that on the west side of the valley. There are consequently more and 
larger streams tributary to the Sacramento, the Mokelumne, Consumnes, 
American, Yuba, Feather, and numerous smaller streams, each equal, 
or nearly so, to the Puta, Cache, or Stony Creeks. 

The mountains are well timbered ; the foot-hills moderately so. The 
lowlands and plains have a narrow belt of wood along the streams, and 
scattered trees and groves are found over the greater part of the plains. 

Soath of the month of the Sacramento River the valley gradually 
increases in width to the vicinity of the Kaweah Eiver, where it reaches 
a breadth of seventy miles. 

Through the middle or rather west of the middle line of the valley 
runs the San Joaquin Eiver and the connecting line of sloughs and 
lakes from the southern extremity of the valley. 

As on the Sacramento Eiver, the banks of the San Joaquin River are 
higher than the land two or three miles on either side, but in a much less 
marked degree than in the former case ; and the same general feature 
holds good for all the streams. 

On the western side the flanks of the mountains are narrow and tree- 
less, and the rain-fall upon them probably not over one-third or one-fourth 
that of the eastern side; consequently the streams are all very short, 
the courses small, and in summer the beds dry at the base of the foot- 

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hills, while tbe plains are treeless, except a narrow fringe along the 
banks of the streams. 

On tbe eastern side of the valley, the flanks of the mountains are very 
broad, averaging over fifty miles in width, well timbered in many places, 
but the quantity of the timber decreasing to the southward, while the 
foot-hills are sparsely wooded and in very many localities treeless. 

The number of the streams and their relative volumes decrease to 
the southward, but they drain large areas, as we have elsewhere shown. 

.The Calaveras, Stanislaus, Tuolumne, Merced, San Joaquin, King's, 
Eaweah, and Korn Rivers are all good streams, and some of them quite 
large. The plains and most of the foot-hills are treeless, except along 
the valleys of the streams ; and toward the southern extremity many 
miles are passed without seeing a tree. 

One of the features of this part of the valley is the large lakes, Kern,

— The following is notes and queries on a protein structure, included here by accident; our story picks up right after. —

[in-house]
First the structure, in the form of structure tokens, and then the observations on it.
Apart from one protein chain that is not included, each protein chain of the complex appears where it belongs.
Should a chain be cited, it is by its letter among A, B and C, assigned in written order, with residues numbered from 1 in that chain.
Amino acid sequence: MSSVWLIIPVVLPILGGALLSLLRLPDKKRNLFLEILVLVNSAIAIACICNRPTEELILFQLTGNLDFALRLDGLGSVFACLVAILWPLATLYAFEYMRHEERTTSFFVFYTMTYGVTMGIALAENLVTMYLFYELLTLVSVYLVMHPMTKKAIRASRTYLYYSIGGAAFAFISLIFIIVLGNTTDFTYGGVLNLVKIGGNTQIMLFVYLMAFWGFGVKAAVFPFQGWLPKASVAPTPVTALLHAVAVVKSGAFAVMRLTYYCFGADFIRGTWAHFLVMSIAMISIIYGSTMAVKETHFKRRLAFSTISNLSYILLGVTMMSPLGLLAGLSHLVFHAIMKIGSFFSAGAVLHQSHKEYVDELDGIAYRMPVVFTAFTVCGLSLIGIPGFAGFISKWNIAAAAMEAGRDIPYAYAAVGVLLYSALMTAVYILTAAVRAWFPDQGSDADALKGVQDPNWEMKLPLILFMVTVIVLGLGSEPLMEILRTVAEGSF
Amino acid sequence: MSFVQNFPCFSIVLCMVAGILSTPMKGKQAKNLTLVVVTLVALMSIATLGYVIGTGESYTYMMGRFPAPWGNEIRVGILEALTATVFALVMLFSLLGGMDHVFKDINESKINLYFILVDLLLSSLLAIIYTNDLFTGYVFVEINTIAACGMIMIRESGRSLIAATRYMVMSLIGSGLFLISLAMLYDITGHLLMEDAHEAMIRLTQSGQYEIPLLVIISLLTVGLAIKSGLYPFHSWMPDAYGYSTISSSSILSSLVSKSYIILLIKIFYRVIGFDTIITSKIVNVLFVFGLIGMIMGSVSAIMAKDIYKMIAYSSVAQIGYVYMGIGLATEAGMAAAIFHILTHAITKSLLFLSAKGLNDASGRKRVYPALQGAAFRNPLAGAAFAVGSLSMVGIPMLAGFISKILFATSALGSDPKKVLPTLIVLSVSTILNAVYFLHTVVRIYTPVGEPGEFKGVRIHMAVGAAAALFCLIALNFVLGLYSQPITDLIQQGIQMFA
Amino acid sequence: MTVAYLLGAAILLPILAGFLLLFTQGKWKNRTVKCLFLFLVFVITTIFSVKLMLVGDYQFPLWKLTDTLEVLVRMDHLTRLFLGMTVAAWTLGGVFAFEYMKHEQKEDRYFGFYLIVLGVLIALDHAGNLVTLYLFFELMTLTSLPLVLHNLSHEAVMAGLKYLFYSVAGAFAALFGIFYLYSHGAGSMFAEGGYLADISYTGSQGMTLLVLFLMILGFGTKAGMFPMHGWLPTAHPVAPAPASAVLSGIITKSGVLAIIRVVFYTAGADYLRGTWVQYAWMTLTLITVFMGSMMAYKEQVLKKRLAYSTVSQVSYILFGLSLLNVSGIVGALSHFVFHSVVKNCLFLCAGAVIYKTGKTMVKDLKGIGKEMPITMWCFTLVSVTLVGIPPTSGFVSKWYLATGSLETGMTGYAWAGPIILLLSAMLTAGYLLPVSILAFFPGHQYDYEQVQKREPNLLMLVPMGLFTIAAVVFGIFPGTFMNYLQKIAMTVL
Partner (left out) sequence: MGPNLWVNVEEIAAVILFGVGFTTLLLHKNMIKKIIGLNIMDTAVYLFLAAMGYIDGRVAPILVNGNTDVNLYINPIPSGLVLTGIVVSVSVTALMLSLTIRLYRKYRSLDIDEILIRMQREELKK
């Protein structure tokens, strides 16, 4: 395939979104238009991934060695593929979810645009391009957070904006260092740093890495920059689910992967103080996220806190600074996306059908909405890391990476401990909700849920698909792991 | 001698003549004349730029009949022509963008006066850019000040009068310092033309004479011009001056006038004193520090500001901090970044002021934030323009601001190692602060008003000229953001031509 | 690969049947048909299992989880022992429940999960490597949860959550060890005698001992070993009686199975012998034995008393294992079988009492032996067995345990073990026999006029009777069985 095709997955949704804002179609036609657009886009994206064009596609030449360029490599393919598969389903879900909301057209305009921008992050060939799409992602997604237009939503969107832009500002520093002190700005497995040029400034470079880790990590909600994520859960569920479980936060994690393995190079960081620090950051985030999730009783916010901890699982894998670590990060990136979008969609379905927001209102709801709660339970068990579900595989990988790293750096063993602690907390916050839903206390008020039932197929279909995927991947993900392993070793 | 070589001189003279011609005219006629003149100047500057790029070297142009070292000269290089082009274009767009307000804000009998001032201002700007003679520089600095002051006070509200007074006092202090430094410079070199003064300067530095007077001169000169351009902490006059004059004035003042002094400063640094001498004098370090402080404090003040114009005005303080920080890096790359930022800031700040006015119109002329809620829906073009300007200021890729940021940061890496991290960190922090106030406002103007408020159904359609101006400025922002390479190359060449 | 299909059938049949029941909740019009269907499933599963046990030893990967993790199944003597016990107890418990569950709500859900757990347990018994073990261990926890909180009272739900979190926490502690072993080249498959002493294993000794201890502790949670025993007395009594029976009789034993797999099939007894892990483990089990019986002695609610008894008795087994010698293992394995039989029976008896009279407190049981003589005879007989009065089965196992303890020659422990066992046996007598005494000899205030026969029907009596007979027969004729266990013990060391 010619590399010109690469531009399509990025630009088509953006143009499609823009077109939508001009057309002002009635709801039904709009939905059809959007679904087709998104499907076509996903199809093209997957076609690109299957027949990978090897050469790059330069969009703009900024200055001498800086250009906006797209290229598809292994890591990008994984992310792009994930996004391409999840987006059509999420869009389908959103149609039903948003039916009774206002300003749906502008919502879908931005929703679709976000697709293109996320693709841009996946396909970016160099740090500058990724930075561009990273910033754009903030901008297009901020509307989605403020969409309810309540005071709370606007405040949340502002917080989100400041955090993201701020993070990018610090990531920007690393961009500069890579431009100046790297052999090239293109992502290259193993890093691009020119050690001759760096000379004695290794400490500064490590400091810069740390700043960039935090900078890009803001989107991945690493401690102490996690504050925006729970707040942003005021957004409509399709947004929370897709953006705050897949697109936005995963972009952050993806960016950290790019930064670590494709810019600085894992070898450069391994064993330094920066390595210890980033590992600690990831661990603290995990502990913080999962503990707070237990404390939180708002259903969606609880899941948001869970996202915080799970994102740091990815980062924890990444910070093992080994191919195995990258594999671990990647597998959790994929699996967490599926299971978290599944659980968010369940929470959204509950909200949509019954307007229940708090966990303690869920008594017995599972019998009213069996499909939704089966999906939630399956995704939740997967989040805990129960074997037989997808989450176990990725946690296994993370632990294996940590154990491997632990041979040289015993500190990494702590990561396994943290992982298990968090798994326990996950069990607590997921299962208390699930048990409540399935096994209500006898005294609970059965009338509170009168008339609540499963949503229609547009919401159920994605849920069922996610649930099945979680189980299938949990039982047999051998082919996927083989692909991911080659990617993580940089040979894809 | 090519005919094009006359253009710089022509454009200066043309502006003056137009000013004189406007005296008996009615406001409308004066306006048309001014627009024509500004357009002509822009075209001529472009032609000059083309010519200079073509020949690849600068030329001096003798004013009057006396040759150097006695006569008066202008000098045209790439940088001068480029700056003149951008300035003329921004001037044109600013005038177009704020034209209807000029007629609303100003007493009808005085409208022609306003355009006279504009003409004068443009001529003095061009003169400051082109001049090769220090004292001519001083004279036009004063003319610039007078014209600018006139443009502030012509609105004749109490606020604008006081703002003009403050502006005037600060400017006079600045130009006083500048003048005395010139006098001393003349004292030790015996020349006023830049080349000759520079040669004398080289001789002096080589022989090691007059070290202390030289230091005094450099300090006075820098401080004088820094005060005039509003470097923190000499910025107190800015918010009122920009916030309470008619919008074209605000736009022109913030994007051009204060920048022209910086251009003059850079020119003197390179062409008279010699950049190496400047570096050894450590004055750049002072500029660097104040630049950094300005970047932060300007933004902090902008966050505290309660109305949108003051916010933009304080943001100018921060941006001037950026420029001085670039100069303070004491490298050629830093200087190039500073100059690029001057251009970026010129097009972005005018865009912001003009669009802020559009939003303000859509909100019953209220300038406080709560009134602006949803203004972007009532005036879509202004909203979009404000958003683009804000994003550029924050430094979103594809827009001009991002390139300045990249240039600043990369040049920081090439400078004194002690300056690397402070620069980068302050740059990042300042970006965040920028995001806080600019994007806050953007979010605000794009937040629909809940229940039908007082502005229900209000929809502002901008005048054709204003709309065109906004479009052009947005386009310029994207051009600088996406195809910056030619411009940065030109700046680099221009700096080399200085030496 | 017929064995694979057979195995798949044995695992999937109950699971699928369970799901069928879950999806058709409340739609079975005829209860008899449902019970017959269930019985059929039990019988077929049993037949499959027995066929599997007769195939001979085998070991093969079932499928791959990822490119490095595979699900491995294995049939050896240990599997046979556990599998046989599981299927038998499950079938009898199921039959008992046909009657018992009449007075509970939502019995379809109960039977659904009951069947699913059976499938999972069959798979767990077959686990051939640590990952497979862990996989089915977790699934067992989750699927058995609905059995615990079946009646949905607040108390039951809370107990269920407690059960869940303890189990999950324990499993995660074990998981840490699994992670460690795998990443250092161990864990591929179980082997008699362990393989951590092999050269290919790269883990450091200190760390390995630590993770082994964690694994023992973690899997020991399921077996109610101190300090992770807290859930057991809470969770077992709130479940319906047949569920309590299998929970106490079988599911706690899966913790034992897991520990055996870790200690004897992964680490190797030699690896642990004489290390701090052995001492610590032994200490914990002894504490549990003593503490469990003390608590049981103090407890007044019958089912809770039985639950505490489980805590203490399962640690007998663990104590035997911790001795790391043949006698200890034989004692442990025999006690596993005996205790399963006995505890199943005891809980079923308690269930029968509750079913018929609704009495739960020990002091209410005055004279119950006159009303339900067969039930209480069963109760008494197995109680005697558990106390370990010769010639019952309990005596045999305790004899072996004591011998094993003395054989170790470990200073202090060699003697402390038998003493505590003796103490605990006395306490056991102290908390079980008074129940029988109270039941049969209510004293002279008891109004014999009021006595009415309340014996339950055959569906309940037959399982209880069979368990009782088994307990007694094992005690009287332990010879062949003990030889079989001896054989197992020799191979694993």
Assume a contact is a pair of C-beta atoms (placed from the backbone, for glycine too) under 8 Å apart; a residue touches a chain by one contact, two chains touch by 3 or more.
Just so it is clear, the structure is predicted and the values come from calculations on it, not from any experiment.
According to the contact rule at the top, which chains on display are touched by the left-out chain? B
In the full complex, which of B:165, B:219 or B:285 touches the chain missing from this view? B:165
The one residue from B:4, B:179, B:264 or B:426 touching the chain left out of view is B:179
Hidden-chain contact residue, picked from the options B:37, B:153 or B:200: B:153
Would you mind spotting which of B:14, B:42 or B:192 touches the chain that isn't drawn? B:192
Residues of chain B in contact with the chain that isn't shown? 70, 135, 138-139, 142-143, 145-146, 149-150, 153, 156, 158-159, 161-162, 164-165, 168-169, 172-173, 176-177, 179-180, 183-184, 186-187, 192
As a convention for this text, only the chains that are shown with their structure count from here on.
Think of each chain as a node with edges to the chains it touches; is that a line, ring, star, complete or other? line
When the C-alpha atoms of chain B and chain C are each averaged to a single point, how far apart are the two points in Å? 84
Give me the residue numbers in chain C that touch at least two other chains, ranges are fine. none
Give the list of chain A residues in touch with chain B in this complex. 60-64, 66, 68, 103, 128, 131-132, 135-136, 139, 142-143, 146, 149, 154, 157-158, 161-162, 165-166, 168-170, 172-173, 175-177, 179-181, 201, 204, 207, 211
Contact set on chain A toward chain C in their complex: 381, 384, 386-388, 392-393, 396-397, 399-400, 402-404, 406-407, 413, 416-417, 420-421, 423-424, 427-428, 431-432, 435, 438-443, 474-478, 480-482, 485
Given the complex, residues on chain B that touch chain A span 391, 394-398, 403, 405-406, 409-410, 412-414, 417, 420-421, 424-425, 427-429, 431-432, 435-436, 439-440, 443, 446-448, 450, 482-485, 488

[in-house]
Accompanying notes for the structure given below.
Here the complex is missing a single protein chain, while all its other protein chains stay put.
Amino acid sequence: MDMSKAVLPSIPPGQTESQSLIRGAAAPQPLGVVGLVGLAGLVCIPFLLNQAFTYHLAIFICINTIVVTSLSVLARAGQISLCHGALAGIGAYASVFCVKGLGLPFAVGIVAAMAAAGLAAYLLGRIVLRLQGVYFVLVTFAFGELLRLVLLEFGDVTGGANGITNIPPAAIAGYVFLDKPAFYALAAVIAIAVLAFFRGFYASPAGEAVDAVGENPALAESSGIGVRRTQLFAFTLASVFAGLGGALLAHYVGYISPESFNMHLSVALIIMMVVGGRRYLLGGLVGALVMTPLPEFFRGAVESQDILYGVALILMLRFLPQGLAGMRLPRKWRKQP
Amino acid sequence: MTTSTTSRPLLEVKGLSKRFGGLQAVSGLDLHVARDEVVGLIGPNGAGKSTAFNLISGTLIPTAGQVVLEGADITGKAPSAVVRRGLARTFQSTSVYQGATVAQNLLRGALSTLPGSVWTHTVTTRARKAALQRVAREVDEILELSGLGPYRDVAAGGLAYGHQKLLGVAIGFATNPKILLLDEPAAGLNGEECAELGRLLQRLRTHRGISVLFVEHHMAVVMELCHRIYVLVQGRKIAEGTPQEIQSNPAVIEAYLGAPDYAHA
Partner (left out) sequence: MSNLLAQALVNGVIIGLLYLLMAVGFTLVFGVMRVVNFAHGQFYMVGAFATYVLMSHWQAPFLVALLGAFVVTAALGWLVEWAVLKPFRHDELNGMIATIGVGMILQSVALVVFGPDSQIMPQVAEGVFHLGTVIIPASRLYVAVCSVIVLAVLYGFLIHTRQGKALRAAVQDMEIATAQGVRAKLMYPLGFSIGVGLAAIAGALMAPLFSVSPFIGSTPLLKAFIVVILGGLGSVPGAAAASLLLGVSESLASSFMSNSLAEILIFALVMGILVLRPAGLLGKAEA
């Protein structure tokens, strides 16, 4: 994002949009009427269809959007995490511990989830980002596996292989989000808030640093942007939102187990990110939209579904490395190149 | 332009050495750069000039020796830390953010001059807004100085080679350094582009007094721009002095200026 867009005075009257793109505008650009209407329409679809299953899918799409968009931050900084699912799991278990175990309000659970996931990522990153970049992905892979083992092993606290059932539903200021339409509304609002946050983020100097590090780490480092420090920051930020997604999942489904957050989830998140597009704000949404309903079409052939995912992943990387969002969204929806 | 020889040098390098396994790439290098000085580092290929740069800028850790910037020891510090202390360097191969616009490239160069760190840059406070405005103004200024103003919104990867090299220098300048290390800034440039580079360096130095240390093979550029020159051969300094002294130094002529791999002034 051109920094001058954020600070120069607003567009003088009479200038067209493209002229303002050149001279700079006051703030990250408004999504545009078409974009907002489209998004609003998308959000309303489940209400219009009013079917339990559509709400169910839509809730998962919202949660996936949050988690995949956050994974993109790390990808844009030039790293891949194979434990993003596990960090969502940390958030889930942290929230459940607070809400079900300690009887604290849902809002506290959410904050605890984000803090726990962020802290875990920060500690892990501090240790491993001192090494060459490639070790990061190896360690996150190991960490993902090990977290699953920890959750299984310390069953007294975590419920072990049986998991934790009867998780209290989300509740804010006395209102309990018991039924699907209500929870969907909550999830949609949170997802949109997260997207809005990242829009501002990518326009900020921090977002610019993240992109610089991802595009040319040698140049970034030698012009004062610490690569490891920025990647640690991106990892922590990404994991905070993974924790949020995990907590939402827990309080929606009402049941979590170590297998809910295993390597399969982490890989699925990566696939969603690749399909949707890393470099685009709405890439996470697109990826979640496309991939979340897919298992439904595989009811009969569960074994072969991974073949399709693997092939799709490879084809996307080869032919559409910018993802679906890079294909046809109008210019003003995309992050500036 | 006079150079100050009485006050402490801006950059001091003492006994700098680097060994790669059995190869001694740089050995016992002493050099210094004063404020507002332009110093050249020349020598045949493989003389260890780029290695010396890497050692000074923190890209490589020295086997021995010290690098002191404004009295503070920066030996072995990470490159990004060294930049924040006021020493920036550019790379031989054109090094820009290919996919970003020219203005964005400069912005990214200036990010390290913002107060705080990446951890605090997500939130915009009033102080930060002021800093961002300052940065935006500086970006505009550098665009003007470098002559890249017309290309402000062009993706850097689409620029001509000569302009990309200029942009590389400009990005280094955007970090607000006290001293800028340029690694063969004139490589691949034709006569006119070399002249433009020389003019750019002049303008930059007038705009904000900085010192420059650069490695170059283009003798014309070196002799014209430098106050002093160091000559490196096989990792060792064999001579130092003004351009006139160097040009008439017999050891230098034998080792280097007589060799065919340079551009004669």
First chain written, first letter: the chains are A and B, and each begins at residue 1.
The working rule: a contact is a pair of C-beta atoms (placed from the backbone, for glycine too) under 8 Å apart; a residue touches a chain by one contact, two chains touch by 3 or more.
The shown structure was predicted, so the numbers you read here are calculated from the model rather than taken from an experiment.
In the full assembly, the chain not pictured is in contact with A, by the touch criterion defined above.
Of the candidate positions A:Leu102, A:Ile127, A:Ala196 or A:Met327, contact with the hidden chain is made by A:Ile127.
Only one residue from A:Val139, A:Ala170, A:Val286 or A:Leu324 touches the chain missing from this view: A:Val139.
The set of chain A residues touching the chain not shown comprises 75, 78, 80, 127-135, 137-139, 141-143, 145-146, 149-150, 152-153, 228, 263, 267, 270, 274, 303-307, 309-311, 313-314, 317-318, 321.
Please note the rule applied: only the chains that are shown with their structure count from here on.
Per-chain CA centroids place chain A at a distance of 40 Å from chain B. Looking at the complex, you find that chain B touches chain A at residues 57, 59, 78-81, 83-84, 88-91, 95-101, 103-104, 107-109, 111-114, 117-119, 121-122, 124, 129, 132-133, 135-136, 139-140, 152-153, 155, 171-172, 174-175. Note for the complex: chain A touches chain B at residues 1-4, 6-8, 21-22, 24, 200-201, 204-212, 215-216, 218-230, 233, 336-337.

Buena Vista, and Tulare, which receive the drainage of the streams at 
the southward. King's, Kaweah, and Kern. 

Tulare Lake haa an area of seven hundred square miles, equal to half 
the area of the State of Hbode Island. It is about 40 feet deep, and has 
very low marshy banks, which are subject to overflow in wet seasons, 
when the area, of the lake becomes very much increased. 

The lakes Kern and Buena Vista have an aggregate area of about 
forty- four sqitare miles; the former we sounded across, and at the end of 
May, 1873, it had a maximum depth of 16J feet. The water was then 
very green, warm, and unfit for domestic use. 

As a general proposition, the whole valley may be considered as formed 
of four plains, two north of the mouth of the Sacramento Eiver and two 
south of it. The two northern plains slope toward each other along the 
line of the Sacramento Rivei. and at the same time slope toward the 
south. The two southem plains slope toward each other along the line 
of the lakes and San Joaquin Eiver, and at tbe same time toward the 

So flat and level do the-^e plains appear that the eye is constantly 
deceived by them and the judgment undetermined which way they slope 
until instrnmental means are applied. 

From Bedding to the mouth of the Sacramento Eiver, the fall of the 
valley is 556 feet in one hundred and ninety-two miles: from Kern Lake 
to the mouth of the San Joaquin, it is 282 feet in two nundred and sixty 
miles; while cross-sections indicate that the slope of the east and west 
plains'toward the line of greatest depression is quite moderate. 

la the southwestern section of the valley, between Firebaugh's and 
Hill's ferries, the levelings show that the ground falls from the foot-hills 
to within four and a half miles of the river at the rate of ti feet per mile, 
thence, it is nearly level to within a half mile of the river, which it then 
approaches with an ascent of 1^ feet per mile. 

At Banta!s tbe plains are contracted, and the fall reaches 18 feet per 
mile towaj-d.the river. . In the southeastern section of the. valley the 
fall of the land from the vicinity of Bakersfleld to Tulare Lake is. about 
5| feet per mile for thirty-eight miles ; Tnlqre Eiver, from the crossing 
of the Southem Pacific Eailroad, falls at the rate of 3 feet per mile to 
the lake in eighteen miles ; and the fall from Visalia to the north point 
of Tulare Lake is 4J feet per mile for twenty-nine miles. 

For the norcheastern and northwestern sections of the valley the com-